A new supplier group, The Open Source Consortium, has been set up to help smaller open-source providers to compete with the big proprietory suppliers like IBM and Microsoft.
It also aims to counter the claims made by Microsoft that open source is the more expensive option.
The consortium, a grouping of more than 60 companies, has been established to offer an unbiased proprietary supplier-free voice for organisations contemplating an open source roll-out.
It was created to meet demand from areas such as the public sector, and aims to bring impartial clarity to the debate.
OSC executive Mark Taylor said, "It is all about the smaller players. We want to open up markets that they do not have access to."
The group will not compete with existing open-source groups, which are more concerned with standards.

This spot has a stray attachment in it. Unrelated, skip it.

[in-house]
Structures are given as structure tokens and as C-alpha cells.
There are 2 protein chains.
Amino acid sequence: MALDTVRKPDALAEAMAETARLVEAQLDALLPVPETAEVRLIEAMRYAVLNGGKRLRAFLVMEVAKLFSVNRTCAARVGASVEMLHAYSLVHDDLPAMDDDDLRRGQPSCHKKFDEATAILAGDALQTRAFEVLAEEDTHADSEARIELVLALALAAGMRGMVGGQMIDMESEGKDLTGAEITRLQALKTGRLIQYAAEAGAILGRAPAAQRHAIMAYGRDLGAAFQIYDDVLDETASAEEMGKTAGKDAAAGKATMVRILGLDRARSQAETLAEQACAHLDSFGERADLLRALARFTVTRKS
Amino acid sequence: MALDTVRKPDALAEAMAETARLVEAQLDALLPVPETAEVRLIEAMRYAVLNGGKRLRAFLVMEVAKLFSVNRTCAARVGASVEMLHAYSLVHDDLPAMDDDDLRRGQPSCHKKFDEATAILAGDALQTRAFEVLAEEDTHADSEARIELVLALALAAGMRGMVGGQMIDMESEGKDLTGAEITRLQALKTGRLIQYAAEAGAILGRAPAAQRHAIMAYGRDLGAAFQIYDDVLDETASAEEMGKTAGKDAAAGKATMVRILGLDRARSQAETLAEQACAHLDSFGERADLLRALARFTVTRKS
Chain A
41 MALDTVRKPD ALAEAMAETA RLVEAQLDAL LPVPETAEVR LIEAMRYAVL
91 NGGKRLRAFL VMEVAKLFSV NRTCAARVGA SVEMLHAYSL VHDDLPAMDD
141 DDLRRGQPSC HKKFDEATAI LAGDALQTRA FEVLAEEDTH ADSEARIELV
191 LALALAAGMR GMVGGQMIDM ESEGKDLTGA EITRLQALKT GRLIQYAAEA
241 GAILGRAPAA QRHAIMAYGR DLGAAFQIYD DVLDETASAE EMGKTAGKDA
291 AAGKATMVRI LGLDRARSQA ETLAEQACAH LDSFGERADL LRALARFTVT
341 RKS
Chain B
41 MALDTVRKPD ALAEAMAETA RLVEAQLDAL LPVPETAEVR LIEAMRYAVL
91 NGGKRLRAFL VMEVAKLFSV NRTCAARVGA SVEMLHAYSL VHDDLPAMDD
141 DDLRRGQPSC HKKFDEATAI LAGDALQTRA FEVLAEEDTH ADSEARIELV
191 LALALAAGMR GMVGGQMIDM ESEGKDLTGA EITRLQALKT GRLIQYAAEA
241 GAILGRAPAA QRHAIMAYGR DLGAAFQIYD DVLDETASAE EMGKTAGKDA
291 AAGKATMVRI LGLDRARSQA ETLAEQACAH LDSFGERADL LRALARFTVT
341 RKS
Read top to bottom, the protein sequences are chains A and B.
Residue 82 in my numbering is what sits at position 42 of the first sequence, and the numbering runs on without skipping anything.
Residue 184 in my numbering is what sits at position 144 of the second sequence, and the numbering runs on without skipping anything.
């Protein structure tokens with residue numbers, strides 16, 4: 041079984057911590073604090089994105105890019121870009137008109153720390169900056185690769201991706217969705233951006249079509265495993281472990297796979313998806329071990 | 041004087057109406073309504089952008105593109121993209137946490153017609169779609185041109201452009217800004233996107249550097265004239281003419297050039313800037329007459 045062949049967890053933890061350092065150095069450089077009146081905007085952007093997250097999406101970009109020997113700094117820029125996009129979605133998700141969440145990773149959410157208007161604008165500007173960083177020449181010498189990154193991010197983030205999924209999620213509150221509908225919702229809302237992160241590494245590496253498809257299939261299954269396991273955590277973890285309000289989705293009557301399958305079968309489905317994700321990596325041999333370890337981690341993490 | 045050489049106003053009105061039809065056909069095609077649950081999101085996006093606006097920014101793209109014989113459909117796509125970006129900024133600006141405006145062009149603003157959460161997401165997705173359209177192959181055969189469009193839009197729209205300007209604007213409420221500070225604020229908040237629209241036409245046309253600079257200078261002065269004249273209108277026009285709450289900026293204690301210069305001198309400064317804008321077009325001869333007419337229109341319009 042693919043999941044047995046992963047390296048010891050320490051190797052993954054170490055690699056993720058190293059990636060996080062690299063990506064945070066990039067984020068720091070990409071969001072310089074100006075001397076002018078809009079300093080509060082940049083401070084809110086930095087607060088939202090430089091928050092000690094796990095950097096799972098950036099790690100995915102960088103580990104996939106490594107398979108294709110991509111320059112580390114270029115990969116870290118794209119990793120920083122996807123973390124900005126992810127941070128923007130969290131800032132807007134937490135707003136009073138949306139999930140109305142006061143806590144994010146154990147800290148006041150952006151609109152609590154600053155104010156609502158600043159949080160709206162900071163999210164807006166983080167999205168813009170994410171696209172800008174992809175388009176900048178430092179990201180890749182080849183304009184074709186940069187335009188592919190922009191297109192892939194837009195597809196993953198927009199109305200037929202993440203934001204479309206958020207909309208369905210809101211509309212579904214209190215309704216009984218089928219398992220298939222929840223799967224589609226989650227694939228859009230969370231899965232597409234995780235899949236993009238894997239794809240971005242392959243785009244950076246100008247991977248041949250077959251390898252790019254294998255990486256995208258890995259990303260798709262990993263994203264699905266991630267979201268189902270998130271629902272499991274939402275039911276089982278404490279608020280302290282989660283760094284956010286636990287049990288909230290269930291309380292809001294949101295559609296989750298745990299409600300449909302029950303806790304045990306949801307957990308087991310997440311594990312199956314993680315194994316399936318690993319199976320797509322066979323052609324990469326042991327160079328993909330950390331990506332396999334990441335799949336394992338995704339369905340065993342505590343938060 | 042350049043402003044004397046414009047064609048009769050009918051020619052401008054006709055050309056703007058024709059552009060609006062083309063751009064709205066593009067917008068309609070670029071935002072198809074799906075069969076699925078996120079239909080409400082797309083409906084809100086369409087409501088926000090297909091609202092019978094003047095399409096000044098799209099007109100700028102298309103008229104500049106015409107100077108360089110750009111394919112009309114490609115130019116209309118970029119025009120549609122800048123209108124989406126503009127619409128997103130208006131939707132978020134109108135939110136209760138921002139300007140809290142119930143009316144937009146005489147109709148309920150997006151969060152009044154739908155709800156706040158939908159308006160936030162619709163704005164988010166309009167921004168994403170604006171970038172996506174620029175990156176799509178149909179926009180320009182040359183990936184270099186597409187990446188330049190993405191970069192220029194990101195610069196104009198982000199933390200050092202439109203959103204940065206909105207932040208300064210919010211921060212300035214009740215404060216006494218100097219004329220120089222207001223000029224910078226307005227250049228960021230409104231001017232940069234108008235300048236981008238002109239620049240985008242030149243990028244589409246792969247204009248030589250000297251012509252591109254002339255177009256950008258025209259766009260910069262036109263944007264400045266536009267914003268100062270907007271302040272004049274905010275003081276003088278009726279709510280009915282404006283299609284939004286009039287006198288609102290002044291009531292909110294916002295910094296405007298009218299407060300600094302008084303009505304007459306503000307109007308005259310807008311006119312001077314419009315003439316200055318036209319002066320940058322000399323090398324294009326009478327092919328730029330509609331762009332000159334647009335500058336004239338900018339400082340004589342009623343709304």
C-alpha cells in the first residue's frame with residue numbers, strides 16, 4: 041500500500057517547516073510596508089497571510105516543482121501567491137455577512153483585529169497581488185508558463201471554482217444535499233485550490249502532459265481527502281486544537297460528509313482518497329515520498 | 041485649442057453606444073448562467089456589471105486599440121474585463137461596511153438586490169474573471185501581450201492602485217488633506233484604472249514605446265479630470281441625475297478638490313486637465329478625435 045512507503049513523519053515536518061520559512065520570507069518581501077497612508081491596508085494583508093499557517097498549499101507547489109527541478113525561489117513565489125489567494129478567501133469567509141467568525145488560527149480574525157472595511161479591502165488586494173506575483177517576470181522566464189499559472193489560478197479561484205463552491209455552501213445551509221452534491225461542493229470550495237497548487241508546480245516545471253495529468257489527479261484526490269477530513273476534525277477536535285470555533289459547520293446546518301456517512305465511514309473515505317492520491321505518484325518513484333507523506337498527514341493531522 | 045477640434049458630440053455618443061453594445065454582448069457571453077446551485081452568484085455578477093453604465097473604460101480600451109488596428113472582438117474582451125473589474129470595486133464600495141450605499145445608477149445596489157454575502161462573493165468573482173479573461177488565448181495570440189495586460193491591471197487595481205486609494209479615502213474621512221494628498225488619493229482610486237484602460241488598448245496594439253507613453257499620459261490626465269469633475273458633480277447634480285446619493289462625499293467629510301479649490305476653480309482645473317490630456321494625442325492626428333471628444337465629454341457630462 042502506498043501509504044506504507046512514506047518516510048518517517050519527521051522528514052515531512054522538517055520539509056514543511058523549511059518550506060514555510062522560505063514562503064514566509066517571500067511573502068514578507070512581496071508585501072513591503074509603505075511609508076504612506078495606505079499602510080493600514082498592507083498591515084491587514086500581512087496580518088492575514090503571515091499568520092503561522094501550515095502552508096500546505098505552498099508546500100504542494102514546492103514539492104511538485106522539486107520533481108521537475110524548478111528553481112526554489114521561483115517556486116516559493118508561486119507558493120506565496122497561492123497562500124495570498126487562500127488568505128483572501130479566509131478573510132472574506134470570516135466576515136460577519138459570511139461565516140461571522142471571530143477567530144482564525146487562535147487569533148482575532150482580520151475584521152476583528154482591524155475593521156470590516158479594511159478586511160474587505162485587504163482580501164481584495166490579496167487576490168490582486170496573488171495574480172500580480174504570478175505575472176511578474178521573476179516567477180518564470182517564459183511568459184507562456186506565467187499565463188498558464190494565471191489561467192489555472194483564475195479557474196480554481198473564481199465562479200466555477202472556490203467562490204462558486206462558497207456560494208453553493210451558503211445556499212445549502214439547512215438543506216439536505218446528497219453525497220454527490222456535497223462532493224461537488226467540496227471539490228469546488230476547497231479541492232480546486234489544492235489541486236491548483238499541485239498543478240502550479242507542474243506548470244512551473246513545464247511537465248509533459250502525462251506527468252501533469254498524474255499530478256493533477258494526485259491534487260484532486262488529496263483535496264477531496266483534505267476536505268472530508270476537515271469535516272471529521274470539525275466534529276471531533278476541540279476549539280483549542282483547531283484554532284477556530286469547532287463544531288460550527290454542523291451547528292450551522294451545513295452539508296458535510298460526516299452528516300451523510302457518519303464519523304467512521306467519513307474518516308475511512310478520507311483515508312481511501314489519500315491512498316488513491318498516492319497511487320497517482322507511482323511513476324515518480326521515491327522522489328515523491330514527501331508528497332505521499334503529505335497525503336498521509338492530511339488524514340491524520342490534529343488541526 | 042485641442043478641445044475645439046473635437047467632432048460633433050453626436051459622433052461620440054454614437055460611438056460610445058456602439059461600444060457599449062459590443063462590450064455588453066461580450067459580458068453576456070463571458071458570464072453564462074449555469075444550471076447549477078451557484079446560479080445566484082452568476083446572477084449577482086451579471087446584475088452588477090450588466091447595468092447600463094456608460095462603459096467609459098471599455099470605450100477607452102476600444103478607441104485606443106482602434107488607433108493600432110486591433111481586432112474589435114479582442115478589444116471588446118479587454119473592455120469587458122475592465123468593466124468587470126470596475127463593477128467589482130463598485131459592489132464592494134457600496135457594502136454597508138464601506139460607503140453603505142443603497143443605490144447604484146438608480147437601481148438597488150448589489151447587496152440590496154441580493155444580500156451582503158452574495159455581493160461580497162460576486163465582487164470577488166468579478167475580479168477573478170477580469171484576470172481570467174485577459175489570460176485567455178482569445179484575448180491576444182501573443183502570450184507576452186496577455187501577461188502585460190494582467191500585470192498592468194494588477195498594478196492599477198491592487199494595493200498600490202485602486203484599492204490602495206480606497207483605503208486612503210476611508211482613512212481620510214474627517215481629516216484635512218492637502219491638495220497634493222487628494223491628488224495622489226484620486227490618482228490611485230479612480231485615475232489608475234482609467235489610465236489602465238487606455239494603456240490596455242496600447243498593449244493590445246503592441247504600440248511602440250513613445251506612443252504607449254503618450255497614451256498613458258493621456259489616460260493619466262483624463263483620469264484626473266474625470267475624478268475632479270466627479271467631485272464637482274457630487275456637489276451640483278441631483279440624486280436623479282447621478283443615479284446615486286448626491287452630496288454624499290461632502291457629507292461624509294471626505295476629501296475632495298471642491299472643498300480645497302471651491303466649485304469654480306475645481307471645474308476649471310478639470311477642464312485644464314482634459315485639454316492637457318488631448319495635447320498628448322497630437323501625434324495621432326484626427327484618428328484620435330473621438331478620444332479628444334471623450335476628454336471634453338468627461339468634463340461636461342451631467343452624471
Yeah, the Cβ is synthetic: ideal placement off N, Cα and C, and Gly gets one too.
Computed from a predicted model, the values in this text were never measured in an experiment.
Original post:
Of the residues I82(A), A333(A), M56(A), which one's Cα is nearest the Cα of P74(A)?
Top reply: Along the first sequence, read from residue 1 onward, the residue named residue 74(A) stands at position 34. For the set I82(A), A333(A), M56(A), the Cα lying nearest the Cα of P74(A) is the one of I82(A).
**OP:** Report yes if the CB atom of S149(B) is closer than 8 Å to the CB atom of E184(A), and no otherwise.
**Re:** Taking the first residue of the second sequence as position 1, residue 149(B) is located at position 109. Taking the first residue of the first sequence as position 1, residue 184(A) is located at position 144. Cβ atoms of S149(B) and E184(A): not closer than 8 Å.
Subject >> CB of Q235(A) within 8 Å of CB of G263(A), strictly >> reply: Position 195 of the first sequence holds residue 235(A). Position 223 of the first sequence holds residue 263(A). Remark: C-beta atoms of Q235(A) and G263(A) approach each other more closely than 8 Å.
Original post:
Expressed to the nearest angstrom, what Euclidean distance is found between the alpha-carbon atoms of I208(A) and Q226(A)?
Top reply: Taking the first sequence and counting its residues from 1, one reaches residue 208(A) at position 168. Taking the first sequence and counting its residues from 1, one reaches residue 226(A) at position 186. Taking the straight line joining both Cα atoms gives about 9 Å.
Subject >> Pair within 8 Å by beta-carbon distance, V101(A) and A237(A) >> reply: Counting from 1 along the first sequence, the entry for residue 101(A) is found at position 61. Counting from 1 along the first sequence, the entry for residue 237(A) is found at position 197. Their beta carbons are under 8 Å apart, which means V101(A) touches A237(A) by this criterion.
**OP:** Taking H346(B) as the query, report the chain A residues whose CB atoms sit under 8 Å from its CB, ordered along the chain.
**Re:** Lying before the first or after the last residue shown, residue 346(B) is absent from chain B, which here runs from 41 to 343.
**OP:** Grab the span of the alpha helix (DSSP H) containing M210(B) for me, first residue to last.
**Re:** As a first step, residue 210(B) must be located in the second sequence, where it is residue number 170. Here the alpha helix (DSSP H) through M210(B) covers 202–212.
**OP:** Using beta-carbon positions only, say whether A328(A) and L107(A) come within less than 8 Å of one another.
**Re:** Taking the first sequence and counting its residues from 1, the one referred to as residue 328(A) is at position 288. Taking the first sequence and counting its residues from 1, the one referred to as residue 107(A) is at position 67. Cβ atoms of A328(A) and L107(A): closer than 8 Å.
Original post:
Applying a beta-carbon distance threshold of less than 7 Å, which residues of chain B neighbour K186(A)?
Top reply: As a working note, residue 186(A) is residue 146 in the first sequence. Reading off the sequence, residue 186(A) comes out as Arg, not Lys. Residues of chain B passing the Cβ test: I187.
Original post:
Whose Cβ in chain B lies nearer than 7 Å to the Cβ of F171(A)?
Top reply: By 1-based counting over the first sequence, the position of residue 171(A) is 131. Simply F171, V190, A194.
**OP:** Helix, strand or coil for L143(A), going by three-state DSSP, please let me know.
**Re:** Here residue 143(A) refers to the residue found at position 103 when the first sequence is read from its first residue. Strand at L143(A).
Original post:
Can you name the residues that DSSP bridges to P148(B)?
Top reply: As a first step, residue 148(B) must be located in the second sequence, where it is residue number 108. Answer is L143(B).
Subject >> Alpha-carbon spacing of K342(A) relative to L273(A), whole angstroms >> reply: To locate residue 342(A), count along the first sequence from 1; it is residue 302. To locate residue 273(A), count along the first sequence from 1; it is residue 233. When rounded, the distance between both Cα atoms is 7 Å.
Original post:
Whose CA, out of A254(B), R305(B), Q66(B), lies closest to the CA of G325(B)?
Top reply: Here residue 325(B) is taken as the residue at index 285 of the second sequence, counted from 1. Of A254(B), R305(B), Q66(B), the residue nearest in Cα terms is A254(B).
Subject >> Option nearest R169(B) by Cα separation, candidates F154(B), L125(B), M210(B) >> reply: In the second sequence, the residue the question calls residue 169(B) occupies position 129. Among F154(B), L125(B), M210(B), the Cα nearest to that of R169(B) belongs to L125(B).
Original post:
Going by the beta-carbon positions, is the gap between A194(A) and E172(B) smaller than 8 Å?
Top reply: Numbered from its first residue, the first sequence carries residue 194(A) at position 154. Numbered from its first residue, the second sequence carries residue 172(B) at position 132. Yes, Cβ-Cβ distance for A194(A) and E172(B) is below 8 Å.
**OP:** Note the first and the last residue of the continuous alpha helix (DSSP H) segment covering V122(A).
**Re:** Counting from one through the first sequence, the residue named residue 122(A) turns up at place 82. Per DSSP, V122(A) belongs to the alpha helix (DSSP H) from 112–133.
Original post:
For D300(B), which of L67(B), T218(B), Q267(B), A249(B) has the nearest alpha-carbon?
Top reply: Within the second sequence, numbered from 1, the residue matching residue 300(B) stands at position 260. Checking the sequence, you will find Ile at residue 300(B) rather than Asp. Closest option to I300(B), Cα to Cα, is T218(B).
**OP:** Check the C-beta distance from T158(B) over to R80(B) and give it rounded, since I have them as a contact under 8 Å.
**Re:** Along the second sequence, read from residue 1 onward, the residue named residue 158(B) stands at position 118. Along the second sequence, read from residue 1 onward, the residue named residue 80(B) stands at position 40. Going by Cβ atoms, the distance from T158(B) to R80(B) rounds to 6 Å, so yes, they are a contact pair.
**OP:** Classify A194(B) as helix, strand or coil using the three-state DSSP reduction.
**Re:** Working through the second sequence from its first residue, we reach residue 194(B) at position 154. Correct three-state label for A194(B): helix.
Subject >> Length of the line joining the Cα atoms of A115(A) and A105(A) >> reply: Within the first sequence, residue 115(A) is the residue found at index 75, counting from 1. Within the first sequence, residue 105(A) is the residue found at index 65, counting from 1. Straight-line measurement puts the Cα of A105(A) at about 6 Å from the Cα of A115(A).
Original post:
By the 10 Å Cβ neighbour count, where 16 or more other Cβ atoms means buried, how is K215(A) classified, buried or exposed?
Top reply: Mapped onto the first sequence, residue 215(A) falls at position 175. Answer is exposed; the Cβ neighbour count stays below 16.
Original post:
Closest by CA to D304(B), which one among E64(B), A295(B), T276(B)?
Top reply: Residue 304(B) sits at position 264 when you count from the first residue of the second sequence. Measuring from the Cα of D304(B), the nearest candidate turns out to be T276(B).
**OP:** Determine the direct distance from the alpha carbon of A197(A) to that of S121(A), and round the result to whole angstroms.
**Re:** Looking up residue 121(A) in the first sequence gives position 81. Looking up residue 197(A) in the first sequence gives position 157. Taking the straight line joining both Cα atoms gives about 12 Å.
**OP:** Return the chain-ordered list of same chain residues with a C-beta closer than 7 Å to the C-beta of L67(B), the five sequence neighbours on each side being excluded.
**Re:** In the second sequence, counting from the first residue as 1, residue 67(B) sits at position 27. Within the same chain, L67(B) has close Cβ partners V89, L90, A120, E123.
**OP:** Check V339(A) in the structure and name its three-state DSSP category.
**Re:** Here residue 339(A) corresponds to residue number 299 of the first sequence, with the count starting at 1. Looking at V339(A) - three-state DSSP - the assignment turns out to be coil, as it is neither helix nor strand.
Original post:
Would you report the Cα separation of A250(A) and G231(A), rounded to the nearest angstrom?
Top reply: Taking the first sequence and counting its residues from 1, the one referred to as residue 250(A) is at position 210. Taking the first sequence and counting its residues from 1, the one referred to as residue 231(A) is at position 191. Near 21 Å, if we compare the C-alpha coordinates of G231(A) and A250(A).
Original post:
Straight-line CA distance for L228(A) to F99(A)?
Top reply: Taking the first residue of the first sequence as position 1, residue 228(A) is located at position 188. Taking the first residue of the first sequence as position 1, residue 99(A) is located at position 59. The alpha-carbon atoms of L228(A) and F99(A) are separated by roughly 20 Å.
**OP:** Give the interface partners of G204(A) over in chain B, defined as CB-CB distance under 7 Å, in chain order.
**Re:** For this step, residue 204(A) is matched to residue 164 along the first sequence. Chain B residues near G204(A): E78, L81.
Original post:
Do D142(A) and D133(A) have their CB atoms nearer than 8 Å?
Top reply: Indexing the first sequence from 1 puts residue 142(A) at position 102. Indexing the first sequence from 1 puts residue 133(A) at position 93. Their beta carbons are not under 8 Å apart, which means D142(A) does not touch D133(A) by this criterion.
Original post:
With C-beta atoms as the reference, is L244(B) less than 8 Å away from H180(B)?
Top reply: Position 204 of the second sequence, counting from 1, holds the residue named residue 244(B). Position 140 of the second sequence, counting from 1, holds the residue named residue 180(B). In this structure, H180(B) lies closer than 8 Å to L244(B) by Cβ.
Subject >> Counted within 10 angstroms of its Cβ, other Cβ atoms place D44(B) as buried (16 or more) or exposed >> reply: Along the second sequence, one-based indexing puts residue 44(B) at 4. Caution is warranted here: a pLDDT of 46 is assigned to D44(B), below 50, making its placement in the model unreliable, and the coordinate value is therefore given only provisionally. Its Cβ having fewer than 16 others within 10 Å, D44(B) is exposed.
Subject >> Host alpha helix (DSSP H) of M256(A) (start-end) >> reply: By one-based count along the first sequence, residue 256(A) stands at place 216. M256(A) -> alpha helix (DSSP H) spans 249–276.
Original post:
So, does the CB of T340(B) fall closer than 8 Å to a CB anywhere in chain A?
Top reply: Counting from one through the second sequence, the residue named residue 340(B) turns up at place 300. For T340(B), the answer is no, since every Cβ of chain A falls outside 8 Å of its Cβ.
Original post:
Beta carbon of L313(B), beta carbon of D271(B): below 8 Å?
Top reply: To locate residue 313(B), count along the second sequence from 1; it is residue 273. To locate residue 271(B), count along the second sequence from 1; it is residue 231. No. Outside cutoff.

Taylor said that the consortium would aim to counteract misconceptions about open source.
"We have seen figures purporting to offer the total cost of ownership on Windows and Linux, which show Windows as the cheaper option - but those are from figures supplied by Microsoft."
He said that the consortium would promote the facts of the issue through its relationship with the National Computing Centre.
Taylor said that the OSC would offer four services: strategic consultancy, deployment consultancy, training and support.
The consortium already has close links with public sector lobby group Socitm, he said. The group will look at several technical areas: for example, on the use of Apache, and making websites browsable by open-source browsers.
Taylor said that the OSC's trailblazing for open source, which has been operating in the background for some time, was being monitored by open-source groups in other countries.
“We know that France and Germany are both looking at what we are doing, so although it will be UK only at first, we hope to take the concept elsewhere. We are well ahead of other countries: there is not even the equivalent of the OSC in the US,” he said.
Maxwell Cooter writes for Techworld.com